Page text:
Kodiak students adapt to new grading system

Kodiak High School. (Photo by Kayla Desroches / KMXT)

Mitch Borden/KMXT

For the past five years, the amount of A’s given out to Kodiak high schoolers have been on the rise, but the increase can’t completely be credited to student’s hard work.

Kodiak Island Borough School District used a grading system that inflated its high marks. But earlier this school year, that system was replaced with a more traditional way of grading.

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A few years ago, something unexpected happened at Kodiak High School – more than 50 percent of the grades given out were A’s, but:

“We didn’t have a corresponding jump in our SAT scores or statewide testing scores.”

Dr. Mel Levan is the principal of Kodiak High School. He says the reason for the spike in good grades was something called “Standards-Based Grading.” That’s a system where grades are calculated on a four-point scale – one being a low grade and four being outstanding.

The system also brought changes like homework wasn’t scored, and students had unlimited chances to retake tests. It was supposed to help students master subjects, but instead, Levan says, it caused some grade inflation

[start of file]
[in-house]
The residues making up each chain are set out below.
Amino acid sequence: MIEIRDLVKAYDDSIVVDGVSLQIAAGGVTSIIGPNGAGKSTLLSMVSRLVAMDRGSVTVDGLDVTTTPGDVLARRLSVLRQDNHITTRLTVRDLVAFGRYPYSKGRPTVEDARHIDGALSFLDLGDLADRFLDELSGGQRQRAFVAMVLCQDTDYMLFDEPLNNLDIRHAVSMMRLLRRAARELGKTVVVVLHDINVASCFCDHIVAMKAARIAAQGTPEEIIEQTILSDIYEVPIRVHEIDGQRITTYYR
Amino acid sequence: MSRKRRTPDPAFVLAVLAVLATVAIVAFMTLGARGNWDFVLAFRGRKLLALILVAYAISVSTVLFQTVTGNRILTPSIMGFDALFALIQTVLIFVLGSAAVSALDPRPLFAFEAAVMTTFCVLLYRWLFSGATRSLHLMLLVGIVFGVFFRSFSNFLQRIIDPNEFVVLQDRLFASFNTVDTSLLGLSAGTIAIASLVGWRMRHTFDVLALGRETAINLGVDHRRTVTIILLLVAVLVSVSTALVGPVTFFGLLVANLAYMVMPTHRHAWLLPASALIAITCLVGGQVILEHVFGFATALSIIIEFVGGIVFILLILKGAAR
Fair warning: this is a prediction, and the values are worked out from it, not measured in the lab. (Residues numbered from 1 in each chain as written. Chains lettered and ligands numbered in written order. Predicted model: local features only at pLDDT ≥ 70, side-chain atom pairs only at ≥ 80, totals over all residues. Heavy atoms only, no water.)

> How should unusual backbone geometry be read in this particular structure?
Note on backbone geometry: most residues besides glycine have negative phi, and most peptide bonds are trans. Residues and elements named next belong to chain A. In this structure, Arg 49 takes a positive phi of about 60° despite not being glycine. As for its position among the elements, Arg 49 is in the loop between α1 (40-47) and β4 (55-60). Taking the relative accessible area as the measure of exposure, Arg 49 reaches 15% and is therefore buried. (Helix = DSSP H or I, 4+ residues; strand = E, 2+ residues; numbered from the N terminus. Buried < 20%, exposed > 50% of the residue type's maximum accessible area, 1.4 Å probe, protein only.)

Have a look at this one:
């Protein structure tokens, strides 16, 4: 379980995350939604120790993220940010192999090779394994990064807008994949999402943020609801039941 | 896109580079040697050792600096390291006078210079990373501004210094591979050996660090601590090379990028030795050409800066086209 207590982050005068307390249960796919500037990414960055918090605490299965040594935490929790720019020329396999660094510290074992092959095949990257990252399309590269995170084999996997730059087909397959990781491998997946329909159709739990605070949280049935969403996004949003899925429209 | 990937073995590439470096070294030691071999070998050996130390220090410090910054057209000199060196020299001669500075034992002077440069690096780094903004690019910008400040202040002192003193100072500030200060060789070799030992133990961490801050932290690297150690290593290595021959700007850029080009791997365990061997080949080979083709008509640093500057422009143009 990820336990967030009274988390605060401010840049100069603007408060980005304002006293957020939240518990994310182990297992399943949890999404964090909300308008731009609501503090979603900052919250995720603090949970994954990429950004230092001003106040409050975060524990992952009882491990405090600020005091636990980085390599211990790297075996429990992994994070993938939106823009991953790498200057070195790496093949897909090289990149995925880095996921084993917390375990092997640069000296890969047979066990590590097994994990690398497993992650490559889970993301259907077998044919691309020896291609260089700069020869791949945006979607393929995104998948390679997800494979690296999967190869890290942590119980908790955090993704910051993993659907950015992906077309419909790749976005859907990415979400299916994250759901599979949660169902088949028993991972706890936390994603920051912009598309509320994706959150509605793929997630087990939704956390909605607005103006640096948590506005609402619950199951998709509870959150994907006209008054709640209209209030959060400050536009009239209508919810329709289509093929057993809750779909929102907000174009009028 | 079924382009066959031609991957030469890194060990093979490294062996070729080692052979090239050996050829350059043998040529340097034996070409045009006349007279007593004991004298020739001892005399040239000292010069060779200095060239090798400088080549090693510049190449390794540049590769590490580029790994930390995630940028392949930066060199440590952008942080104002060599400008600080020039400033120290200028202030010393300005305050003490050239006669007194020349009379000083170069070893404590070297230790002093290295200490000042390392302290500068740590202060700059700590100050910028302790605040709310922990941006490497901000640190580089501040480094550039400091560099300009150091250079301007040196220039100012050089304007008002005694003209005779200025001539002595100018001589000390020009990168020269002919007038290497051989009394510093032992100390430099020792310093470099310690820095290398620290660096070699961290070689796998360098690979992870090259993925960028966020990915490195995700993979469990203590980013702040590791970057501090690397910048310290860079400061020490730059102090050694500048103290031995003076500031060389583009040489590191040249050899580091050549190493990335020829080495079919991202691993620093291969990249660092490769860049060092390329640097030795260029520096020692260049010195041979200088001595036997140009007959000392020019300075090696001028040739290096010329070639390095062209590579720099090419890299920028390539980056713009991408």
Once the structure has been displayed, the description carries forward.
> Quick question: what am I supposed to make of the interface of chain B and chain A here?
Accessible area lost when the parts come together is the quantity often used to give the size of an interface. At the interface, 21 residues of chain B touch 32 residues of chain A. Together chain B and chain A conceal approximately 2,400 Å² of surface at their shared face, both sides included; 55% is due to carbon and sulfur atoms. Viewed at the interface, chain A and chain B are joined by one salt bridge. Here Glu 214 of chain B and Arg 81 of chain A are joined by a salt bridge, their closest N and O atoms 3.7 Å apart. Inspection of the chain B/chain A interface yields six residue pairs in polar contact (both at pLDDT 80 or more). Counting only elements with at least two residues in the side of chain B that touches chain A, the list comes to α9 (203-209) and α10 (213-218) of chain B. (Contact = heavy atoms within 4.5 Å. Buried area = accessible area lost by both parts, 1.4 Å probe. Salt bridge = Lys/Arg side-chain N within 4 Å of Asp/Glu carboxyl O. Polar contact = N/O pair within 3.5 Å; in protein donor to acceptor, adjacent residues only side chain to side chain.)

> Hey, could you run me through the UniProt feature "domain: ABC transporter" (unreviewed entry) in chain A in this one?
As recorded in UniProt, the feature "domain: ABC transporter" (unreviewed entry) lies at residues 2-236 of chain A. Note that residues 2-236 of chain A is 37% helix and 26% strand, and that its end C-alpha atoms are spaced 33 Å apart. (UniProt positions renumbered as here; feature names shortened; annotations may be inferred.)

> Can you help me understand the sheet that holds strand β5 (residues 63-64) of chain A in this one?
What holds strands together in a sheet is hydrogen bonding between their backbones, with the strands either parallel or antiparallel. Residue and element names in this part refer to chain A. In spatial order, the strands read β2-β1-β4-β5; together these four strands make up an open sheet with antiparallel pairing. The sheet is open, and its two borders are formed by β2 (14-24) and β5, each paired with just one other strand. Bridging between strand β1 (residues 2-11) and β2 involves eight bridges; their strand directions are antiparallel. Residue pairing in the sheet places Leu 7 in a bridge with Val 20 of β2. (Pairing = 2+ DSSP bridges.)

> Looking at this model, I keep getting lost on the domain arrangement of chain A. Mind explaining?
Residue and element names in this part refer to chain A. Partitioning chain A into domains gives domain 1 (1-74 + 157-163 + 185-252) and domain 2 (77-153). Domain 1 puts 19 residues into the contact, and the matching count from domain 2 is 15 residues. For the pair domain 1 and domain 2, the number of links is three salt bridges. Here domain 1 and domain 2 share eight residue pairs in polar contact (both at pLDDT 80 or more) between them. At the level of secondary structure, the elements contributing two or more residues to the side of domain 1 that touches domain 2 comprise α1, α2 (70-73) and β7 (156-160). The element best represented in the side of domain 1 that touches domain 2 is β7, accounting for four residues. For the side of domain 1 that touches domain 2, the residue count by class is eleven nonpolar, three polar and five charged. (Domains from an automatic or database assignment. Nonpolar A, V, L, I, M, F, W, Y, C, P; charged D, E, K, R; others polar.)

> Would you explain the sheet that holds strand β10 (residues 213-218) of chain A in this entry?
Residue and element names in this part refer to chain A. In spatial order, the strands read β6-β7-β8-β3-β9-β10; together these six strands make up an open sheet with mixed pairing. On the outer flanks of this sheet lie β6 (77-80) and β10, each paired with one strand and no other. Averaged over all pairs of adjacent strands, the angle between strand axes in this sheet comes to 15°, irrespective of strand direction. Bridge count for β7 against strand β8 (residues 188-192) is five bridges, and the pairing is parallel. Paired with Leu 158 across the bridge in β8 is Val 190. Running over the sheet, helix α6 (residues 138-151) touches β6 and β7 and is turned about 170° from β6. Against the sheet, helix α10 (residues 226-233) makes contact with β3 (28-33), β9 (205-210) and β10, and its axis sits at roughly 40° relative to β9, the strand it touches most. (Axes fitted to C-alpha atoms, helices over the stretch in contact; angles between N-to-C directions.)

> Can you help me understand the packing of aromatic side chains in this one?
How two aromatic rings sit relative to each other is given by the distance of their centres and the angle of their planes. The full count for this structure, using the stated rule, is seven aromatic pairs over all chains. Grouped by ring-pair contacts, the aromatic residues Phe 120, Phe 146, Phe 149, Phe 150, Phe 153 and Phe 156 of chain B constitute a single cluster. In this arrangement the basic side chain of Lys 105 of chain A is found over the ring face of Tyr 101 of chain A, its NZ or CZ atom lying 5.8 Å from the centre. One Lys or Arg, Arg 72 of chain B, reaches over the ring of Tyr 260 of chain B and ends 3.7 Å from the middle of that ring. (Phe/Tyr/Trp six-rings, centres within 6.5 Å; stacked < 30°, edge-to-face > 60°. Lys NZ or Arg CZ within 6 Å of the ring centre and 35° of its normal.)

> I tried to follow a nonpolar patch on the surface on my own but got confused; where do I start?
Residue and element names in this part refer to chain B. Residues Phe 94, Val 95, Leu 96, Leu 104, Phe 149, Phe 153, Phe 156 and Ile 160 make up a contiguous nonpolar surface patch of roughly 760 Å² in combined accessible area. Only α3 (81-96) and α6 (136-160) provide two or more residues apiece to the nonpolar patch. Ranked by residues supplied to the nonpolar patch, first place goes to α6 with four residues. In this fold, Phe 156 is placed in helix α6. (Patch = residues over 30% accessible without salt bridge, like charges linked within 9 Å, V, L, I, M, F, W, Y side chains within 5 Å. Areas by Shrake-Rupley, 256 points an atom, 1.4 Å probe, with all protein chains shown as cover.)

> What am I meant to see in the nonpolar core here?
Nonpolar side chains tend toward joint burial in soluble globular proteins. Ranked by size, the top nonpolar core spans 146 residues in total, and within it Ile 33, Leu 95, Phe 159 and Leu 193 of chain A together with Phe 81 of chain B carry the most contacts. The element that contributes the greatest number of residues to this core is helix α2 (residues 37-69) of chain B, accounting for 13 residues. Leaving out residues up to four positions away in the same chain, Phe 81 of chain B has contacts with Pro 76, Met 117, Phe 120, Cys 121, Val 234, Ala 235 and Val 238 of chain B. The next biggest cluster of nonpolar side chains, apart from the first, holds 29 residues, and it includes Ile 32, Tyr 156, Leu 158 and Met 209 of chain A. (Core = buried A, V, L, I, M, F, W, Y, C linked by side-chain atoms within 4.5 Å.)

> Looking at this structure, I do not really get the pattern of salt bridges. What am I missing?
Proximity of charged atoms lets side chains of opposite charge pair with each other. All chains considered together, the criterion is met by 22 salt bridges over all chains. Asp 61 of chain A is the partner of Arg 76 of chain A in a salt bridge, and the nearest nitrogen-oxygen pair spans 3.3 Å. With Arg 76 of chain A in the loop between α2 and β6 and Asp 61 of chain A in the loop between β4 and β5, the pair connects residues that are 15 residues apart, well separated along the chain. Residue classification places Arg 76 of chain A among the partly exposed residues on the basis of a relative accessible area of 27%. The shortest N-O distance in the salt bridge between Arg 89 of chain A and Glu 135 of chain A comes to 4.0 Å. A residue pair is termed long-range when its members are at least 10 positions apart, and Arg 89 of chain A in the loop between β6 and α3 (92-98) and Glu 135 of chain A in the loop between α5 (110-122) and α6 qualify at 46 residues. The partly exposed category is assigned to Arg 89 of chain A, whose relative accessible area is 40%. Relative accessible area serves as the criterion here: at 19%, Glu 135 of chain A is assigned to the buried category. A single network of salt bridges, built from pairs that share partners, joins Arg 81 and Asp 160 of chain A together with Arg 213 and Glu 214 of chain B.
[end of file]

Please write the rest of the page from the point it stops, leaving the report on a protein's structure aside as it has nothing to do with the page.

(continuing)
“Most students know when they are given a grade that reflects their learning.”

And, that wasn’t always the case. So, Levan says, the district switched back to the 0 to 100 grading scale in its middle and high schools. The change happened earlier this year. Levan says it was a hard transition, but it improved the attitude of students, like Joycie Garchitorena.

“It was hard at first because it was something that I had to get used to, then over time I got used to it a little bit and it just made me work harder.”

Garchitorena is a sophomore at Kodiak High School. she’s seen a dramatic drop in her GPA since the switch, but she says that makes her want to do better.

“It made me realize I do need to focus on school more and I really need to focus and work hard when I’m doing my work, taking my tests. Actually, pay attention and stuff.”

High school biology teacher Kinsey Allen says her students didn’t always pay attention to their work before the change, but now she’s seeing students work harder.

“My biggest thing I try to teach students, and I think they are going to learn it this year, is resiliency and the fact that they just can’t give up.”

Allen says by setting the bar higher the district’s better-preparing students for their futures.

“In my classroom, I’m really big about celebrating successes and I really feel like now, you know, when I celebrate those it’s like genuine. A kid goes from having a D in my class to a B +, like yeah I’m going to celebrate that because clearly, he had to do a lot of work to get there.”

Since the district enacted the 0 to 100 grading scale, grades are back around where they were before “Standards-Based Grading” was implemented according to Principal Levan. At Kodiak High School, A’s now make up around 36 percent of the grades given to students.

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